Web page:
Question about 1997 Pontiac Bonneville

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Surging At highway speed it seems to surge. The RPM's don't go up but there is a very noticeable sensation of speeding up and slowing down like you are pressing and letting off the pedal.

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Try either the throttle position sensor or the mass air flow sensor. One of these is going bad.

Posted on May 28, 2009

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Possible fuel filter problem, dirty. also catalict converter may be clogged.

Posted on May 28, 2009

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1 Answer

Car surging


Is the car equipped with the Automatic Transmission?
If so, read on.
Otherwise skip to the end and answer some questions.

POSSIBLE SCENARIO:
I have observed a condition where my car surges slightly when the torque-converter clutch (TCC) cycles between lock and unlock when driving on an uphill grade.
First some basics and history that will explain why the TCC is used.

Engine, Torque Converter, TCC, and Transmission relationship--
The TCC allows for a solid connection between the engine and transmission which allows the input to the transmission to rotate at the same speed as the engine.
Without a TCC, there is slippage between the engine and automatic transmission. The slippage is greatest at low engine RPM. That is what allows the engine to run with the automatic transmission in gear, like when you first shift into gear or stop at a stop sign. When the throttle pedal is depressed, the engine RPM begins to increase and the torque converter begins to slip less and less the more the engine RPM increases. The car moves. But even at cruising speeds the torque converter slips slightly. Engine RPM is greater than transmission input RPM, which is realized as slight decrease in fuel efficiency.
When acceleration is complete and a constant speed is being maintained, the engine power output is reduced to the point where the TCC can engage and eliminate any slippage between the engine and transmission. If the car has a tachometer the engagement of the TCC can be verified when a slight reduction in engine RPM observed without a corresponding change in vehicle speed.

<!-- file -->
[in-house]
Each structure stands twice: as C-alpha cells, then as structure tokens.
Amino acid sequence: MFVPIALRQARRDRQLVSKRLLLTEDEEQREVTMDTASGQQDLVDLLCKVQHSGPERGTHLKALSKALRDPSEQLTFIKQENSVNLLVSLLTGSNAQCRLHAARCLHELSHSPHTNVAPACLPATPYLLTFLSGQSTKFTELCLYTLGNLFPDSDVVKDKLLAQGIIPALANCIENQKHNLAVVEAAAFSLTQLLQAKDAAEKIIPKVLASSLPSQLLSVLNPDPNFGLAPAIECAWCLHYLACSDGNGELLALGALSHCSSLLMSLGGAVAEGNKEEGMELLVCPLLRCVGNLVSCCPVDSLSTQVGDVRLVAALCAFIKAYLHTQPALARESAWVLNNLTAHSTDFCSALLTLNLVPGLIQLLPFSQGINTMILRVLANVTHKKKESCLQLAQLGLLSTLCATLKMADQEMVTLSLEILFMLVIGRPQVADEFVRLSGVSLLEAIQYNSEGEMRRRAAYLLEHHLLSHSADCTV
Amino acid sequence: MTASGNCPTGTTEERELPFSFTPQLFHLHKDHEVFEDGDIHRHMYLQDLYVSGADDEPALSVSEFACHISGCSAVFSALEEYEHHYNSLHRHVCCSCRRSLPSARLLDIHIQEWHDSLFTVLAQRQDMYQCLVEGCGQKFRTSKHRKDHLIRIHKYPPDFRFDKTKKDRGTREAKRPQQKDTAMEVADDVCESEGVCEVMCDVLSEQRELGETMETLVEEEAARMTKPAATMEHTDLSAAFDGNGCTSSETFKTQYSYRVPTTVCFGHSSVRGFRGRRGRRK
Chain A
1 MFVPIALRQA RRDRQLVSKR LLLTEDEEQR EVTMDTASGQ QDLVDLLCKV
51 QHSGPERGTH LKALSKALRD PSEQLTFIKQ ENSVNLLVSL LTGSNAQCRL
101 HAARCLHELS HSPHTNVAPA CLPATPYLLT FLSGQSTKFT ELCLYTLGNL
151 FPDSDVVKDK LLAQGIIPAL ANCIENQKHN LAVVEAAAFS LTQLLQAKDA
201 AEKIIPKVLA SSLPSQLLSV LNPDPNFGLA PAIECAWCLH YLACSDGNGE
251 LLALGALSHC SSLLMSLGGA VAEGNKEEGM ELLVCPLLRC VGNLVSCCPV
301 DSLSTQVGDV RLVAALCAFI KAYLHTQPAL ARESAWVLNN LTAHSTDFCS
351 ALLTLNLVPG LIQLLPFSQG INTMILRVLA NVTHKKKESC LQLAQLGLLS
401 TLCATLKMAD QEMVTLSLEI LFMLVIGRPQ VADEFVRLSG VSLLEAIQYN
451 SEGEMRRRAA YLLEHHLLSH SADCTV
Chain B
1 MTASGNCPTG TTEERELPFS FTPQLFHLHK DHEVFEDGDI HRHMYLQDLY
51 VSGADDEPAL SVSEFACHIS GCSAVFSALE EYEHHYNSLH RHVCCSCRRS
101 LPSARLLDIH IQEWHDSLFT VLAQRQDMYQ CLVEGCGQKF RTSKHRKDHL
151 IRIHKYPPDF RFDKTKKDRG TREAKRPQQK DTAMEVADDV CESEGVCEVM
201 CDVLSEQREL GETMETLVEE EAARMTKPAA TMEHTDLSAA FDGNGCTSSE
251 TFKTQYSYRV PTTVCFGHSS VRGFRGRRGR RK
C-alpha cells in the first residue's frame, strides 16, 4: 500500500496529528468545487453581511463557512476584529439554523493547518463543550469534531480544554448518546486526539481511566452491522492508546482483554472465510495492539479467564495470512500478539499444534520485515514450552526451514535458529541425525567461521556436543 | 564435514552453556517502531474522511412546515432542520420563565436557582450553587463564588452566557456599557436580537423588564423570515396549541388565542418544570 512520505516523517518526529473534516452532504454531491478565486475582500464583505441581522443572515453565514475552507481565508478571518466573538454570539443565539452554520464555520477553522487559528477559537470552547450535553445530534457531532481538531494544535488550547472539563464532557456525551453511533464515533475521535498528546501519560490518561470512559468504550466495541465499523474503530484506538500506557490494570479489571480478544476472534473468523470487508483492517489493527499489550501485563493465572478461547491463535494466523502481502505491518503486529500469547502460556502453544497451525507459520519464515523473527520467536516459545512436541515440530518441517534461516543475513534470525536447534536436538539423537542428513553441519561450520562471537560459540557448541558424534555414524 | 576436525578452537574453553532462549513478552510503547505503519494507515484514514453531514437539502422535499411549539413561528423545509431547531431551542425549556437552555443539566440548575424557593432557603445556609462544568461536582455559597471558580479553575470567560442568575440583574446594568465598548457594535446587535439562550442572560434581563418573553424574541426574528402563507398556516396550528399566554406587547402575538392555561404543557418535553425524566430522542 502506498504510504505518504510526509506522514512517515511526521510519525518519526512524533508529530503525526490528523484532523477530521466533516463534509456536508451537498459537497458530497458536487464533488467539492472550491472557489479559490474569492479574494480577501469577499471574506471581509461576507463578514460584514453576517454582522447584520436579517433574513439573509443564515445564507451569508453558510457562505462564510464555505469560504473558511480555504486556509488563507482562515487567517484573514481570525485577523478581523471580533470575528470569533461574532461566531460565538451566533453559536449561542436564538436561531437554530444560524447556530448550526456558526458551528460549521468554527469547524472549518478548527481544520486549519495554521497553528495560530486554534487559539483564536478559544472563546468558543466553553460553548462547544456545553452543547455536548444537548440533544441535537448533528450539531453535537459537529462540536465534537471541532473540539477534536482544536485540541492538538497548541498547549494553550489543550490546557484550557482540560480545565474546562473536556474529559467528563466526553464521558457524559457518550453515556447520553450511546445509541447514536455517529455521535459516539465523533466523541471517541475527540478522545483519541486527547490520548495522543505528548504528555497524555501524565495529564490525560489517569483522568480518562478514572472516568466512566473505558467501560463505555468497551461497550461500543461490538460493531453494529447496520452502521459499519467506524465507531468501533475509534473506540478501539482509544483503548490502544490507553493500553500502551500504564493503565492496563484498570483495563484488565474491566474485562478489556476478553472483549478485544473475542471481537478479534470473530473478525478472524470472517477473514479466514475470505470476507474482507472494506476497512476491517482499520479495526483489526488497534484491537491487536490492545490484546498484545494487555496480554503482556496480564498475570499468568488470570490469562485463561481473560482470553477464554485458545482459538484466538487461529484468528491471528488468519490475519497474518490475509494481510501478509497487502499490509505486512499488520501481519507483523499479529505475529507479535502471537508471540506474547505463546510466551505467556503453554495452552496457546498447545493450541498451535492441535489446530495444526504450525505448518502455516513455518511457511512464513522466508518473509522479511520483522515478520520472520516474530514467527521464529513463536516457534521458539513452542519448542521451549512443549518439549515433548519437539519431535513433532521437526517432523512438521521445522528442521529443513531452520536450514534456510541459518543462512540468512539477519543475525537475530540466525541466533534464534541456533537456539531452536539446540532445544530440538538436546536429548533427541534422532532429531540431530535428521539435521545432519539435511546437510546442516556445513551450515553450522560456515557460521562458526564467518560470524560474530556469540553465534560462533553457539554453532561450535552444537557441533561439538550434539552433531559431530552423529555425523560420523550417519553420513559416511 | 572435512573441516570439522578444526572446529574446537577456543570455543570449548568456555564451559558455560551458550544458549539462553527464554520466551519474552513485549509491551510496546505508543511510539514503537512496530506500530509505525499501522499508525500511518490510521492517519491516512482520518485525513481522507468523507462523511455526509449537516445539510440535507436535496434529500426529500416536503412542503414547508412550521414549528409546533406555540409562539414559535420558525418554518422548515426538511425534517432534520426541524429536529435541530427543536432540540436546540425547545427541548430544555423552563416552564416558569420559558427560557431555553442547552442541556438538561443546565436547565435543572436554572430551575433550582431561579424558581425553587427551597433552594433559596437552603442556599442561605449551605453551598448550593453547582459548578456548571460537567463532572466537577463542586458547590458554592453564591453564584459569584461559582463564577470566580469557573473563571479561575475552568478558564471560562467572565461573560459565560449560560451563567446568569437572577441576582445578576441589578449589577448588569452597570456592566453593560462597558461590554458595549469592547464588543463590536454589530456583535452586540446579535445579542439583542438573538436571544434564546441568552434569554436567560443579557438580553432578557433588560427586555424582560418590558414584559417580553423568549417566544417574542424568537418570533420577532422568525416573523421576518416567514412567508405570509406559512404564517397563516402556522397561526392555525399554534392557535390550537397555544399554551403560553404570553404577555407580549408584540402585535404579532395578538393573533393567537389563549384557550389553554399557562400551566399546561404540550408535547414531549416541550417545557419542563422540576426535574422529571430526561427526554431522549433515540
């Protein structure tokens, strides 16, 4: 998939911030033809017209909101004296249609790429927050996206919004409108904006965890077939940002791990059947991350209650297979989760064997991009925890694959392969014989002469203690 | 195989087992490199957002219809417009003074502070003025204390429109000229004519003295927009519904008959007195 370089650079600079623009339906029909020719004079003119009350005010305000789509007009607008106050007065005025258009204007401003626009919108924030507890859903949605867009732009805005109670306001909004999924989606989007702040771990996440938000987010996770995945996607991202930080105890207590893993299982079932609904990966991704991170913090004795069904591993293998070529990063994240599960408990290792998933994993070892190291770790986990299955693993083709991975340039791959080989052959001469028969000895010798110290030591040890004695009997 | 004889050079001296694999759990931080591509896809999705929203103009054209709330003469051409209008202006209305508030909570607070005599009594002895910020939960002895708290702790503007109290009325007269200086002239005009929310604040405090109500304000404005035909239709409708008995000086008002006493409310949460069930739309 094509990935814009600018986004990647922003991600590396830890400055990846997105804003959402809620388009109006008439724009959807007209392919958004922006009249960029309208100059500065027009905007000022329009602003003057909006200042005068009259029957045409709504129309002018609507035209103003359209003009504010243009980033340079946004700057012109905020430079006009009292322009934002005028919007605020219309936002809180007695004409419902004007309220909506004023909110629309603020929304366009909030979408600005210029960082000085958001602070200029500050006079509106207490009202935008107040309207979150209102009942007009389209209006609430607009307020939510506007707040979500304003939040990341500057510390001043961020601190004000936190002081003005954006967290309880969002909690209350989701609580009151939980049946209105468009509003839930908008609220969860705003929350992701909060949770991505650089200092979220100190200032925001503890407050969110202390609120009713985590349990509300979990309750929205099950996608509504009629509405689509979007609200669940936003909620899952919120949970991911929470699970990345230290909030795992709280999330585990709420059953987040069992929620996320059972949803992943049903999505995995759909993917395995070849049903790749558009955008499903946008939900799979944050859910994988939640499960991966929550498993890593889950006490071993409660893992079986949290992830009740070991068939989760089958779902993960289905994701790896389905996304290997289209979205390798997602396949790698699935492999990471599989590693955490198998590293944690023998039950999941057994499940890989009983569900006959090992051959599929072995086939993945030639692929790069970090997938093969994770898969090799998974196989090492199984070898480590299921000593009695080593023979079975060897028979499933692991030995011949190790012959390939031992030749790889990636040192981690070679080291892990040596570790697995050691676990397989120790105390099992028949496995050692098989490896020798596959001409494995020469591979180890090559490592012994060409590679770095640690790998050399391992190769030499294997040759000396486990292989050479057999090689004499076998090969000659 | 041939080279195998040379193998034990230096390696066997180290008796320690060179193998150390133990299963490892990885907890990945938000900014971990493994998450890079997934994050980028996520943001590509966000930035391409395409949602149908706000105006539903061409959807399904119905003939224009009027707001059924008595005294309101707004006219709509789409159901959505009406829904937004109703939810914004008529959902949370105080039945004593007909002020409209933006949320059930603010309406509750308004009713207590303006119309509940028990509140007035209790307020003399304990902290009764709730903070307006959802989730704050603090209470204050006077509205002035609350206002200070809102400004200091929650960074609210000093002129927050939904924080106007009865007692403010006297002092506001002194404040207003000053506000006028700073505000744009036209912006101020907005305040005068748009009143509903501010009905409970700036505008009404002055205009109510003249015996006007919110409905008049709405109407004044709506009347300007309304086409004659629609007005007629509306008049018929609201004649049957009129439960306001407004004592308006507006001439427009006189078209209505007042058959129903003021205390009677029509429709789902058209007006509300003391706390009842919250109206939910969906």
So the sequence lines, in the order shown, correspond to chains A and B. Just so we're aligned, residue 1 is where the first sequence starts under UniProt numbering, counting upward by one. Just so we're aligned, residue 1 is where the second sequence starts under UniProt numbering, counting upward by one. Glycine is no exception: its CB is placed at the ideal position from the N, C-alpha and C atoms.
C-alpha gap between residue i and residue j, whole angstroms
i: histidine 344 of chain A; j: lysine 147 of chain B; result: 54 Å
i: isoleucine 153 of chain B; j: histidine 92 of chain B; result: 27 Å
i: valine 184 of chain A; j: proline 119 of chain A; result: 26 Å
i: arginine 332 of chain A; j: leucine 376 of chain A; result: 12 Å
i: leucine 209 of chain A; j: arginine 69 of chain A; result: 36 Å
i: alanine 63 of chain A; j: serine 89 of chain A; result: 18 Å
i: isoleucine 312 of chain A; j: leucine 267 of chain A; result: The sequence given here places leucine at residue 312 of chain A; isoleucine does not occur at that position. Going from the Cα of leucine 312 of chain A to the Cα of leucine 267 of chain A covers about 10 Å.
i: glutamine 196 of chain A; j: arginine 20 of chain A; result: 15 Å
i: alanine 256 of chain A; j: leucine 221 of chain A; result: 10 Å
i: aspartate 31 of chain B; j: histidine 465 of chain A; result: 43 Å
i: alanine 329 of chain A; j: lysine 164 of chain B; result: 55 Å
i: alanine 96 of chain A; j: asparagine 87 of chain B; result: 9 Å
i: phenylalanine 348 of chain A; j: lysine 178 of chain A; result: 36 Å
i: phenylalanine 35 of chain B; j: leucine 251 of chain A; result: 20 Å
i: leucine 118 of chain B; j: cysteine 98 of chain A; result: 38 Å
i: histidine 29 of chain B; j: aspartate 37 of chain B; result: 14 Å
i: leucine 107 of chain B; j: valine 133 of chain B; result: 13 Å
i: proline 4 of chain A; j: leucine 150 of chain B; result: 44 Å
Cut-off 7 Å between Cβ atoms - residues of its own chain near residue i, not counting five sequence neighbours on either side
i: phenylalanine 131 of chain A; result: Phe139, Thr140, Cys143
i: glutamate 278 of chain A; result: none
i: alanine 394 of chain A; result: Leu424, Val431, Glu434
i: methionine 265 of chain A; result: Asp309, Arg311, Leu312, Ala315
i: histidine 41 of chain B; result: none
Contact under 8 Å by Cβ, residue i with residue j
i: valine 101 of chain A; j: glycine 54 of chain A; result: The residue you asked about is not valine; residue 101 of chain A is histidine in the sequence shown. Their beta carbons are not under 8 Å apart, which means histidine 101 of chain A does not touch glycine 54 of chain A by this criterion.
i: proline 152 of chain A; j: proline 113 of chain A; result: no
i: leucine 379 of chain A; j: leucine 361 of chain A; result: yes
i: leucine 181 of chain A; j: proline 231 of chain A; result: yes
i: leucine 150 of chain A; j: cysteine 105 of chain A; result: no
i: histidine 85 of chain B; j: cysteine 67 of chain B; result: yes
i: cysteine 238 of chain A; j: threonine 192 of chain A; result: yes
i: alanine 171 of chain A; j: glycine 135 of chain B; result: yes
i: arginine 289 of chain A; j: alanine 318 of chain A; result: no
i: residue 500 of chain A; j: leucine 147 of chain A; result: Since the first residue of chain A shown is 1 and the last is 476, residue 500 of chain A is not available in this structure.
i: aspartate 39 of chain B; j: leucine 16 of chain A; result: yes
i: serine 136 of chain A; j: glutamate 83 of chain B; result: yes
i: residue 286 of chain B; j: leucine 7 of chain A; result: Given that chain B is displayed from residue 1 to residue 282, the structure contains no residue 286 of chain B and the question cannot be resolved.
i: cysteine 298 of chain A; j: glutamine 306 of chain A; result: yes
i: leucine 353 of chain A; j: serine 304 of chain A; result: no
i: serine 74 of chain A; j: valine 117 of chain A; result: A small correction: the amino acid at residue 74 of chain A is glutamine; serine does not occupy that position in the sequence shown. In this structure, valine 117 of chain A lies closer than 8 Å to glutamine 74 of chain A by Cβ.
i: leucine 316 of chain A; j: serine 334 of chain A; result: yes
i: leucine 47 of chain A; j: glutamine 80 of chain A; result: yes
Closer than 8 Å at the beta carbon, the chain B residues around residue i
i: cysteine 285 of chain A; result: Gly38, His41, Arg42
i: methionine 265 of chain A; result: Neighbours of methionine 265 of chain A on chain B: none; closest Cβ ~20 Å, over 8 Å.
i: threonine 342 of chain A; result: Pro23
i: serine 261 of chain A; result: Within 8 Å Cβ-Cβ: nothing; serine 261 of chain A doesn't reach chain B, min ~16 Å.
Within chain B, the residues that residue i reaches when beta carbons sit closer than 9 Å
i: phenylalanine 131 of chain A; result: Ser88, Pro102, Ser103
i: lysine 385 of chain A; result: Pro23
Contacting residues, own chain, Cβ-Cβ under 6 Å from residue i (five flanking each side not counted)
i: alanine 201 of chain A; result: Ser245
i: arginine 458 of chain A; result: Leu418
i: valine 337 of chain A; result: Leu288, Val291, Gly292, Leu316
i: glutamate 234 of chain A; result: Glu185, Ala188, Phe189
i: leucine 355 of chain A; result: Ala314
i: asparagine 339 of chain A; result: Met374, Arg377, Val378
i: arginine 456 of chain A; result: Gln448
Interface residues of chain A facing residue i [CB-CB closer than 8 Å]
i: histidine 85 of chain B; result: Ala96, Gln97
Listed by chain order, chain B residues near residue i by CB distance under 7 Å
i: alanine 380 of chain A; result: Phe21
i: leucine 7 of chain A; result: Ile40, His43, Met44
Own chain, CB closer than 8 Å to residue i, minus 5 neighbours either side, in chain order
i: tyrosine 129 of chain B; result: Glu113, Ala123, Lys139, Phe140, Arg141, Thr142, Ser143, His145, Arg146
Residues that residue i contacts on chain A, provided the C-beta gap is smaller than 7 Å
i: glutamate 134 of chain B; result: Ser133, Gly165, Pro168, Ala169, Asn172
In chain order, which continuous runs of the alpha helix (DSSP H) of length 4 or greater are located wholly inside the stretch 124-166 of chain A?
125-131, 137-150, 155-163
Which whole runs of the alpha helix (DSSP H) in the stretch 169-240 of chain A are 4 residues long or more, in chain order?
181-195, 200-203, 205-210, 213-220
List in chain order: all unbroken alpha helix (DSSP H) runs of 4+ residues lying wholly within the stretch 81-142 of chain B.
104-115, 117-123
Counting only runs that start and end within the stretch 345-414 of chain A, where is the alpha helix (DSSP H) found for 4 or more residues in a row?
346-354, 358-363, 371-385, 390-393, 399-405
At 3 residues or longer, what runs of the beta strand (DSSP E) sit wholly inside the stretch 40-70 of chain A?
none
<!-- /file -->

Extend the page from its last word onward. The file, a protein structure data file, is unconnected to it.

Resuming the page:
One method used to test the operation of the TCC is as follows:
Find a flat section of road where it is safe to perform the test.
Reach a steady speed and keep the gas pedal depressed with one foot. While observing the tachometer (or listening for an increase in engine RPM), with the other foot depress the brake pedal enough to activate the break light switch but not enough to engage the brakes. When the brake light switch activates, the TCC receives a signal to disengage. With the gas pedal being held steady, release the brake pedal and the engine RPM should decrease when the TCC engages.
Old cars with Automatic Transmissions did not use a TCC. I believe the TCC was put in use in an attempt to increase fuel economy.

MY EXPERIENCE WITH SIMILAR SYMPTOMS
The condition that causes that issue on my car is this:
- A slight uphill grade increases the load on the engine.
The car tends to gradually slow and it is necessary to depress the gas pedal to maintain speed.
- Depressing the throttle pedal (manually, or automatically with cruise control engaged) signals the torque converter clutch to unlock when the load increases slightly. (A more drastic load increase would signal the Transmission to downshift to a lower gear.) The corresponding increase in engine RPM and output is enough to compensate for the reduction in speed. When the vehicle speed, engine RPM, and throttle position stabilize to the point that the TCC will engage and the engine RPM will reduce in correspondence with TCC engagement. Now, if the road conditions have not changed, power output is not enough to maintain vehicle speed. With the increased load caused by full engagement between engine and transmission, and the cycle (surging) repeats itself until the road conditions change.

Does that help?
If not:

QUESTIONS
Please define the symptoms.
What are the road conditions when the surge occurs? (A slight uphill grade?)
What is the frequency of the surge?
Does the engine power output have a noticeable surge?
Is there a speed change related to the surge?
Does the tachometer move up and down with little or no change in vehicle speed?
Are all instrument indication in the normal range?
What else has changed?

Good luck!

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Saab 95 turbo surging 2.3


do you know if this is an electronically controlled turbo or air controlled?

Jul 18, 2013 | Cars & Trucks

1 Answer

Surging


Not knowing what type of car, makesit hard to answer,but that is a common problem with a bad ignition modulator. I would start there.

Jul 29, 2012 | 2005 Ford Focus

1 Answer

Engine surges especially at low speeds


Disconnect your MAF sensor and take the Astro for a ride. If you notice an improvement; Try cleaning the MAF with CRC MAF sensor cleaner.


FixYaWIZ......saailer

Dec 10, 2009 | 2000 Chevrolet Astro

1 Answer

Speedometer surging. actual speed 40 mph,


Its a loose connection on the speedo cable. its a b*tch to get to. I had the same problem on my truck, it would fluctuate in 5th gear on the highway. i spent the money and had a professional do it.

Aug 09, 2009 | 1990 Cadillac Allante

2 Answers

Rough idle / engine surges until power is applied


Sounds like a possible vaccume hose leak?

Feb 07, 2009 | 1997 Chevrolet Astro

1 Answer

2000 Volvo S40


one unit that operates ratio changes and is connected to the engine is that vacuum operated actuator on the transmission
it is possible that that unit is failing , vacuum hose is leaking and that will cause ratio changes as the vacuum varies
run the fault codes to check for wiring problems or VSS or TCM problems as well

Mar 23, 2017 | 2001 Volvo S40

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